My town and my gown: from the Dreaming Spires to semi-rural obscurity

Maxim Parr-Reid laments the parochial mediocrity of a vacation spent in rural Buckinghamshire.

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The term ‘rustication’ historically meant ‘to be sent (back) to the country’ — the term dating back to the days when Oxford students would all be the sons (this was before women were admitted) of the landed (no new money thanks) gentry (i.e. before they let in slack-jawed yokels like me). Despite the small town of Olney being only 40 miles — “just down the road”, as my parents often remark — from Oxford, my vacation certainly has the air of rustication about it.

Released in 1995, the song ‘Country House’ by Blur includes the phrase “lots of rural charm in the country”. Sure, we have “rural charm”, but there exists bugger all else to do, except walk your dog and act all innocent when it leaves its business on the grass in the park. If this constitutes “rural charm” you can keep it. Though both firmly in the Home Counties of England, the small market town of Olney — population circa 40 at the last count — and Oxford — “too much like London” according to a former work colleague — couldn’t be more different.

I am greeted with the juxtaposition that is beaming suspicion — the locals appear hostile to the new ideas I have acquired while being “at Uni”. I am sure to leave my “airs and graces” — as my former shop colleagues refer to my recounting of experiences at Oxford — at the door. It is quite obvious that my former, now quite distanced colleagues, are interested in how “I’m keepin’” and that’s about as far as it goes. Whether I’m on University Challenge or going to a Commemoration Ball is simply not of concern.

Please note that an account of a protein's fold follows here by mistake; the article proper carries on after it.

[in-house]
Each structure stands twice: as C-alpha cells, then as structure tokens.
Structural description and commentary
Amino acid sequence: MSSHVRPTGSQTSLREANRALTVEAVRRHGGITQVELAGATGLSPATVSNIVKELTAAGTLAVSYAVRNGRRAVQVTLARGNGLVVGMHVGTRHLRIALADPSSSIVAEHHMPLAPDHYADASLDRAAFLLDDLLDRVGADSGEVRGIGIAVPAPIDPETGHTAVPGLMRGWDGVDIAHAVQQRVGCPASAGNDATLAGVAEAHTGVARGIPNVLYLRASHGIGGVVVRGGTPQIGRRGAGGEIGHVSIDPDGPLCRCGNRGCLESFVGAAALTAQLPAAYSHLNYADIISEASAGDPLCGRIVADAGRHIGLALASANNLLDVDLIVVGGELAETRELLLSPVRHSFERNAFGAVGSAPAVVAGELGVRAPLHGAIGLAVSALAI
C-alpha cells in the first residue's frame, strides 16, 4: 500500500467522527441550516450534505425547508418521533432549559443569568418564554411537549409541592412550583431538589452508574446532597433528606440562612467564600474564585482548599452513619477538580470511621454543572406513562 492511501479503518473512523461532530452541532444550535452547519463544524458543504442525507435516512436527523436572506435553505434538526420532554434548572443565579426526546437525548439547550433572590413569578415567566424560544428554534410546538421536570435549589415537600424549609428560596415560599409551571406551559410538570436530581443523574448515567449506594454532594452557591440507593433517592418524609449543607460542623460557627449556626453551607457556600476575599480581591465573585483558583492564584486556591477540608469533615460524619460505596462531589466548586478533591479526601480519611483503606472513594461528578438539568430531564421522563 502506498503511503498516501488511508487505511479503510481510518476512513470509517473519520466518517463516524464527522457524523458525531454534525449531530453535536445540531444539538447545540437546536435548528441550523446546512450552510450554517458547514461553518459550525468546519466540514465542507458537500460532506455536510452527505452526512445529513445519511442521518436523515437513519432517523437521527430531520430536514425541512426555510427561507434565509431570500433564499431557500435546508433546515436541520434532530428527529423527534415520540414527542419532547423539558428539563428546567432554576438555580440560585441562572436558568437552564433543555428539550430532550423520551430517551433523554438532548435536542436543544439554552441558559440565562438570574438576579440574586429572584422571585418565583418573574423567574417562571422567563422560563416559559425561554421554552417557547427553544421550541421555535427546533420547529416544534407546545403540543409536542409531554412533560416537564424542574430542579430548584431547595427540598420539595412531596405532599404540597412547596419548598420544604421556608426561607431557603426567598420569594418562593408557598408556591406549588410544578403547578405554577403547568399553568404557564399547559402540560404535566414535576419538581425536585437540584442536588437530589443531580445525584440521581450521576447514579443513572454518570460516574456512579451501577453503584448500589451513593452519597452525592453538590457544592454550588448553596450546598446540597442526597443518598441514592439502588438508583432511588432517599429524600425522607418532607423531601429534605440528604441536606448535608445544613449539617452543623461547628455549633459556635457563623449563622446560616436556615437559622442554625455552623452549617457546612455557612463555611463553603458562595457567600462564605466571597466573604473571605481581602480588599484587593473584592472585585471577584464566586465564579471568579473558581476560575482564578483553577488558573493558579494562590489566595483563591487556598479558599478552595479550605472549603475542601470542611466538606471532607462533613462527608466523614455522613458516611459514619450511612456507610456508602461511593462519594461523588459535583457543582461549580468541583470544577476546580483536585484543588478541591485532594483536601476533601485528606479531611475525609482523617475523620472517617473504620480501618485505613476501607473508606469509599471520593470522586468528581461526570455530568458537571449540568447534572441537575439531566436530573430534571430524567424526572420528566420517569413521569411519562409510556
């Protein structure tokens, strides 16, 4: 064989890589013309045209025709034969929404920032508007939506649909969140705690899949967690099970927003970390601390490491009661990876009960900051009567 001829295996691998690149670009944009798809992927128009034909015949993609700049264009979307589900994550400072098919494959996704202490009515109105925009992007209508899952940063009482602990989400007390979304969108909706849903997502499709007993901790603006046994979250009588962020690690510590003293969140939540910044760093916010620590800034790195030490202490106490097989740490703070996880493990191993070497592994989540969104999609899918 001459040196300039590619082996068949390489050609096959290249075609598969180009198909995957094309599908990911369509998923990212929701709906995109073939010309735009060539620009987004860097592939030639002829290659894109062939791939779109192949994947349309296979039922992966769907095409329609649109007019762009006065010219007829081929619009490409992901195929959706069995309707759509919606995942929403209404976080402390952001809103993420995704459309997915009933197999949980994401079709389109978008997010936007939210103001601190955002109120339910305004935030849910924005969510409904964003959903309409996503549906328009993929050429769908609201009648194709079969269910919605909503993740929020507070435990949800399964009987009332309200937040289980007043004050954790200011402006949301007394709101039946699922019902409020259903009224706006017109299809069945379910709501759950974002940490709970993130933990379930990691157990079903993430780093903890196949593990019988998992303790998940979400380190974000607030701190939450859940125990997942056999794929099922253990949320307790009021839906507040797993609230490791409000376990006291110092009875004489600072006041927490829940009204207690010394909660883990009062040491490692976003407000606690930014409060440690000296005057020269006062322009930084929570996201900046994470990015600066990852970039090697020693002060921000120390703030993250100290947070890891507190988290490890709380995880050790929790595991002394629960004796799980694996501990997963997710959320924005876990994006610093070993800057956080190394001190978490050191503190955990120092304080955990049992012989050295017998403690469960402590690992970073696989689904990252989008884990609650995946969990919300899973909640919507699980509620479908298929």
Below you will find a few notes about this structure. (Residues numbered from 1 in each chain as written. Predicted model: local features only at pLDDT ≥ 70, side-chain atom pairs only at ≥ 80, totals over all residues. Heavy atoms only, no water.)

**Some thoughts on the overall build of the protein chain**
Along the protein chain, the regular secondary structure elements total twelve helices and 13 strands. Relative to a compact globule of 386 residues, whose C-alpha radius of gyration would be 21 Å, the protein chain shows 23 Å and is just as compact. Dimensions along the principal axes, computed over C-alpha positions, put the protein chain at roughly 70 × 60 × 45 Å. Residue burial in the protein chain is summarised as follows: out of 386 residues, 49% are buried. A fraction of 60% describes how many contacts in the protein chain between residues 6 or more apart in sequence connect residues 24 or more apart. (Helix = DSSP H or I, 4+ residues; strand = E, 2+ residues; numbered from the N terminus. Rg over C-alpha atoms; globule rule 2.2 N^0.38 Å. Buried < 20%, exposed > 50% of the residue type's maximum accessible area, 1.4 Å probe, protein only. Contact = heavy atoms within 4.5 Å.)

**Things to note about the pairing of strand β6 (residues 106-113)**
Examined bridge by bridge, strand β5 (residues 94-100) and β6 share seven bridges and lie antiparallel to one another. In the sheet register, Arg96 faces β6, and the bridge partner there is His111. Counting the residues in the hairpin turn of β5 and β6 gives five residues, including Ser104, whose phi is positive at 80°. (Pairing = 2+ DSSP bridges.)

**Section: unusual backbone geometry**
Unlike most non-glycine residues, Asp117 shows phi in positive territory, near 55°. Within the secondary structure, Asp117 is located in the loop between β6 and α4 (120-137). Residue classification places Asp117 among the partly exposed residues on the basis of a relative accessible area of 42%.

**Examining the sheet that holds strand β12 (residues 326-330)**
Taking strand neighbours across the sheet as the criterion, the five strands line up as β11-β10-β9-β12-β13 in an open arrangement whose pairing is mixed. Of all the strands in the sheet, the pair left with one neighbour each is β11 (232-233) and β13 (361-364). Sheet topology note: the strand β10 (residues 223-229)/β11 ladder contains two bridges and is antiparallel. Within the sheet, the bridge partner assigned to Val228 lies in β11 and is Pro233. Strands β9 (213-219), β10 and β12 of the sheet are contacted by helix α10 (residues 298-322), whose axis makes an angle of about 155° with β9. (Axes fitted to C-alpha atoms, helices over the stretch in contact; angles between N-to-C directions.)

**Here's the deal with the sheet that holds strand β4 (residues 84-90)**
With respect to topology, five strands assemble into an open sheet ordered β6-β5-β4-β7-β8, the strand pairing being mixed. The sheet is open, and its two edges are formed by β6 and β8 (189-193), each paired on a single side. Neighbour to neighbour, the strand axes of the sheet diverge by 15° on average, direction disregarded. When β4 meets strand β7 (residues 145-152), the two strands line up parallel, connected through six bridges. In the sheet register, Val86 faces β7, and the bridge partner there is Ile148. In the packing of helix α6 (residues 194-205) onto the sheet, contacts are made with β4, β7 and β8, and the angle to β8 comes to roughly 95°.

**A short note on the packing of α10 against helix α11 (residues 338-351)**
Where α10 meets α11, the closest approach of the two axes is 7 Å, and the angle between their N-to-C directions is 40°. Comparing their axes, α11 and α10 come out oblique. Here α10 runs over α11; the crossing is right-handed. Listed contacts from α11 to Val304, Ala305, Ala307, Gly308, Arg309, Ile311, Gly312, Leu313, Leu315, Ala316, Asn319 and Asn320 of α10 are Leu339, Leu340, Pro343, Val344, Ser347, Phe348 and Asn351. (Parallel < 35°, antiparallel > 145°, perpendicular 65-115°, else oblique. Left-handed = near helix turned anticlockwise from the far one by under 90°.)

Nobody here is remotely interested in Bridge Thursdays or how much vodka I drank on Saturday night of 7th week, rumours instead zoom through the town about the inconveniences caused by the One Stop van “inconsiderately” parking on the High Street (how they had the cheek to name a street in this town after one of Oxford’s most happening thoroughfares, I’ll never know!). There were once whisperings afoot that a Sainsbury’s (cheap booze) would put the town on the map, but alas these proved to be a bit of a red herring. There isn’t even a Waitrose in the town, such are the depths of deprivation in this otherwise ‘pleasant enough’ patch of Buckinghamshire.

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Whilst some Oxonians hail from happening places like Brighton, London or Manchester, I have no such good fortune. As you drive (roads being the most recent injection of infrastructure, being laid in 2009) you are welcomed by a rather bullish sign saying ‘WELCOME TO OLNEY, HOME OF AMAZING GRACE’. The Banksy in me wants to correct it – ‘WELCOME TO OLNEY, HOME OF SAINSBURY’S (NOT!) AND MOANING’. The Olney ‘Noticeboard’ (Moanboard) is the glue that binds this thriving community of happy, happy people — lest Sainsbury’s attempt another invasion and lest anyone park more than 1mm outside their allotted space in the Market Place. Why did I ever leave?

There are joys to living in places like this of course, Olney, and the sheep which encircle this glorified village of do-gooders and nosy Parkers, gives perspective to the Dreaming Spires. It’s truly humbling — the town literally hasn’t changed since the year 1600 — to have a point of reference while at Oxford. Something to remind me where I’ve escaped from, and blot out while getting “bevved” at Parkend.

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